Just weeks after announcing a deal to sell its antibiotics manufacturing in the U.S. to Neopharma, India’s Dr. Reddy’s Laboratories says it will now unload its API manufacturing business in Jeedimetla, Hyderabad to the Middle East-based Neopharma. The move comes as the Indian drugmaker continues to cut costs and Neopharma makes moves to become a player in Western drugmaking.
Dr. Reddy’s said today that it has sold its API manufacturing plant in Hyderabad to Therapiva, a joint venture of Abu Dhabi-based Neopharma and India’s Laxai Life Sciences, an emerging generics company. Terms and specifics of the sale were not disclosed but Dr. Reddy’s says it includes manufacturing plants, current assets and liabilities and its employees.
A spokesperson said in an email that the two Dr. Reddy's API plants included in an FDA warning letter for manufacturing failures were not part of the sale.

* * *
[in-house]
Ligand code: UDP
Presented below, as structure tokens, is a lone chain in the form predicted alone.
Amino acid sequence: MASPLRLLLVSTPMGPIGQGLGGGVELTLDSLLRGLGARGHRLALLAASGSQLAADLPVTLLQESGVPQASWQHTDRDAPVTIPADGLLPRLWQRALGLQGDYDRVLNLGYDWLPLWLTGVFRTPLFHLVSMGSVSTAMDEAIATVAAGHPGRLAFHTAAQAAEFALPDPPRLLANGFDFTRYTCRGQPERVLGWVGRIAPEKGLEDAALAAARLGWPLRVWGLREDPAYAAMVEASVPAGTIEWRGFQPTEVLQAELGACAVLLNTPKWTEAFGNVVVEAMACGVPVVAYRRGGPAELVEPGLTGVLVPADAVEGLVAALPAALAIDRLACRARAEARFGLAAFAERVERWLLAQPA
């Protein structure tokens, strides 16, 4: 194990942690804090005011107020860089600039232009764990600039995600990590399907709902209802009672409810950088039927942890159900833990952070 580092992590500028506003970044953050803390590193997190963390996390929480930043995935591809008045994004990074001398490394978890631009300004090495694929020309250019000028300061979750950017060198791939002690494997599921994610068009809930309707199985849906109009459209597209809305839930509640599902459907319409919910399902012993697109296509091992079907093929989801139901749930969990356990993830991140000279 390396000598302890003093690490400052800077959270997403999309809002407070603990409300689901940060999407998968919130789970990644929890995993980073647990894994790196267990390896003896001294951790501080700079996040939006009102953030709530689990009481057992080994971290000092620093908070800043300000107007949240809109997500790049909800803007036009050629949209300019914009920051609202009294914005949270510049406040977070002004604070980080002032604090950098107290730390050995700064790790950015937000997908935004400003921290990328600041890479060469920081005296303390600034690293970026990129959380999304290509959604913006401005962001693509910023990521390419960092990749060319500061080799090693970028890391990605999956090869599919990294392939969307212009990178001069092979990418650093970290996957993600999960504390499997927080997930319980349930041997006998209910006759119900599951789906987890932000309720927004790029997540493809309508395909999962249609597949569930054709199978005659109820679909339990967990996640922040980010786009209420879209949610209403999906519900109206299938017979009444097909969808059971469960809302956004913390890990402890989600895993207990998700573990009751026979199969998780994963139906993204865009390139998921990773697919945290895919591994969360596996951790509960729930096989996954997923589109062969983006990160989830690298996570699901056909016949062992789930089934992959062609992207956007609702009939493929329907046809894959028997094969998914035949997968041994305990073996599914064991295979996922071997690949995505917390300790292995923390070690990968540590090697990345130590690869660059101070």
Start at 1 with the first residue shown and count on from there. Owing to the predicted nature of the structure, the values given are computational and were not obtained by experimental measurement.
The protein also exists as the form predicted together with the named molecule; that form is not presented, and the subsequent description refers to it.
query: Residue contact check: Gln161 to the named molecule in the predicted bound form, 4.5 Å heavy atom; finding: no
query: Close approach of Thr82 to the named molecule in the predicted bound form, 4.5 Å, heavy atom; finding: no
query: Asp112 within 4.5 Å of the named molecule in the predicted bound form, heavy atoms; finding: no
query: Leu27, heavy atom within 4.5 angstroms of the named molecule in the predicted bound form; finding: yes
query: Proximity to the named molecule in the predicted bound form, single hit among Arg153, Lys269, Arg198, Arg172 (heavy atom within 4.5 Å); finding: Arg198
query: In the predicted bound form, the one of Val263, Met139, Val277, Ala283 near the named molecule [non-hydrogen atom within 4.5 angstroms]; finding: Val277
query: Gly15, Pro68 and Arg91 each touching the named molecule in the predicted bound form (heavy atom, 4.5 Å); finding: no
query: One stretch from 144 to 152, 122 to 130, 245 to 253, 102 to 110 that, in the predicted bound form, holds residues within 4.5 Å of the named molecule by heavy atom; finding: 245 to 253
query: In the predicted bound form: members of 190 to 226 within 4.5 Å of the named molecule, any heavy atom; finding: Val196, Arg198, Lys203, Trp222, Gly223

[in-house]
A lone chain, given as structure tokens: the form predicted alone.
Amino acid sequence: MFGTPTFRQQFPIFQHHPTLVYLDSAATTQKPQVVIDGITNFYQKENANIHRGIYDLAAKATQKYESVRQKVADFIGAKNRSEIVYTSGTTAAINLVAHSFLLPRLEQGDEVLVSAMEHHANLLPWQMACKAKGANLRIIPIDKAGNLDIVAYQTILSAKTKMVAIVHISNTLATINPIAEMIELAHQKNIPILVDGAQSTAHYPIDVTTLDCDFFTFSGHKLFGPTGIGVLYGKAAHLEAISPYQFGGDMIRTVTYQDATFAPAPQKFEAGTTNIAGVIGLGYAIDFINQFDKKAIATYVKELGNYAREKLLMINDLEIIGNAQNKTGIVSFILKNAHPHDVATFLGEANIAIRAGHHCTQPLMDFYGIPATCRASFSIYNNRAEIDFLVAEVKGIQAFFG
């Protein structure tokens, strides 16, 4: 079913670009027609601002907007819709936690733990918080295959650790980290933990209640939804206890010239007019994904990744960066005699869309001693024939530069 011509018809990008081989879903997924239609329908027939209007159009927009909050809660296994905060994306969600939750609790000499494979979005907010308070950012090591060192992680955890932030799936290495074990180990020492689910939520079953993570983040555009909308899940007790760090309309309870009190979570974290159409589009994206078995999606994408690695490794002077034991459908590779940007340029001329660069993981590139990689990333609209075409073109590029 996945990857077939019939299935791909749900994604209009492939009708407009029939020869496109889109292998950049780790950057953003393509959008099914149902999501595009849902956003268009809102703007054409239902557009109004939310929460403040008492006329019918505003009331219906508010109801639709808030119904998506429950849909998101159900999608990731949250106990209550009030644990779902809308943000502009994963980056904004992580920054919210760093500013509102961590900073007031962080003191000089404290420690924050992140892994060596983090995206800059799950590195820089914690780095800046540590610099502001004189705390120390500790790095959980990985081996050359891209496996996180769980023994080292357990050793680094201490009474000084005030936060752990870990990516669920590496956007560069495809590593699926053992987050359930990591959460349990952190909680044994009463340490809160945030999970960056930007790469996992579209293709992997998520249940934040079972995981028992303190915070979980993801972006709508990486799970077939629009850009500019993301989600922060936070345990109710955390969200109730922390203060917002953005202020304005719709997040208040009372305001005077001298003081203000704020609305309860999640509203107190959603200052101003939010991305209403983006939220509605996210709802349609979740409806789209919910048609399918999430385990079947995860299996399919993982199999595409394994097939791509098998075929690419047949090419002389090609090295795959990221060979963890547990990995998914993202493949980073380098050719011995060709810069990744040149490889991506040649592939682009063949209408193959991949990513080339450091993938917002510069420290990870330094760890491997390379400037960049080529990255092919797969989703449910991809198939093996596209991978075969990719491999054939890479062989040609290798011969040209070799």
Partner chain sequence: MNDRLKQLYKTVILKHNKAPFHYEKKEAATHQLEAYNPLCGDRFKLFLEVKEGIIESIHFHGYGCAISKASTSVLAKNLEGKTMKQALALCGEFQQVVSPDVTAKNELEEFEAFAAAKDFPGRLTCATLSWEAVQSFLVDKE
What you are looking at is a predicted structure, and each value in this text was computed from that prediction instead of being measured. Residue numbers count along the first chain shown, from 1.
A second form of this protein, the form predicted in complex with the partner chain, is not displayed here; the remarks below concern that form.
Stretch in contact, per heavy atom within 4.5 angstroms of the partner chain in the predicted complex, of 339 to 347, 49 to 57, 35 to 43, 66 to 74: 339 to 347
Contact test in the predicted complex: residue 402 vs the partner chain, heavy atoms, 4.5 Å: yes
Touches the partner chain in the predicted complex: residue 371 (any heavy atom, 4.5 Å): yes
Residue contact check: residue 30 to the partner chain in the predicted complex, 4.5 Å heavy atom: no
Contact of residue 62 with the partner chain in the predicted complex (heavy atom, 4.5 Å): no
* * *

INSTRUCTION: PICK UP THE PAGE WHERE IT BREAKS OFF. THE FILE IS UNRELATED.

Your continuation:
“The divestiture of our API manufacturing business unit is a step towards streamlining our manufacturing operations and optimizing our cost structures,” Sanjay Sharma, executive VP of Dr. Reddy’s global manufacturing operations said in a statement.
BR Shetty, chairman of Neopharma, said the acquisition would give the company a high-quality manufacturing base in India.
“This is a key milestone in our acquisition strategy over the next few years to increase Neopharma’s presence in the global generics space,” Shetty said in the announcement.
Late last month, Dr. Reddy’s said it had concluded the sale of its 390,000-square-foot antibiotic manufacturing plant in Bristol, Tennessee to Neopharma for an undisclosed sum. It is Neopharma’s first manufacturing plant in the U.S.
A representative for Neopharma, which has been expanding recently, said the company intends to increase the number of employees to about 50 from the current 40 by the end of next year. It has a plan to expand the plant and potentially have 100 workers there.
Dr. Reddy’s, which had annual revenues of about $2.1 billion in its 2017-2018 fiscal year, has seen its finances falter for several years as it has dealt with regulatory issues tied to its manufacturing.
The FDA issued a scathing warning letter in late 2015 that covered three facilities, including two API operations and a formulation facility where the company makes oncology drugs. Particularly annoying to the FDA was the discovery of a secret testing lab that one plant used for years to test batches, which allowed the company to hide failed test results.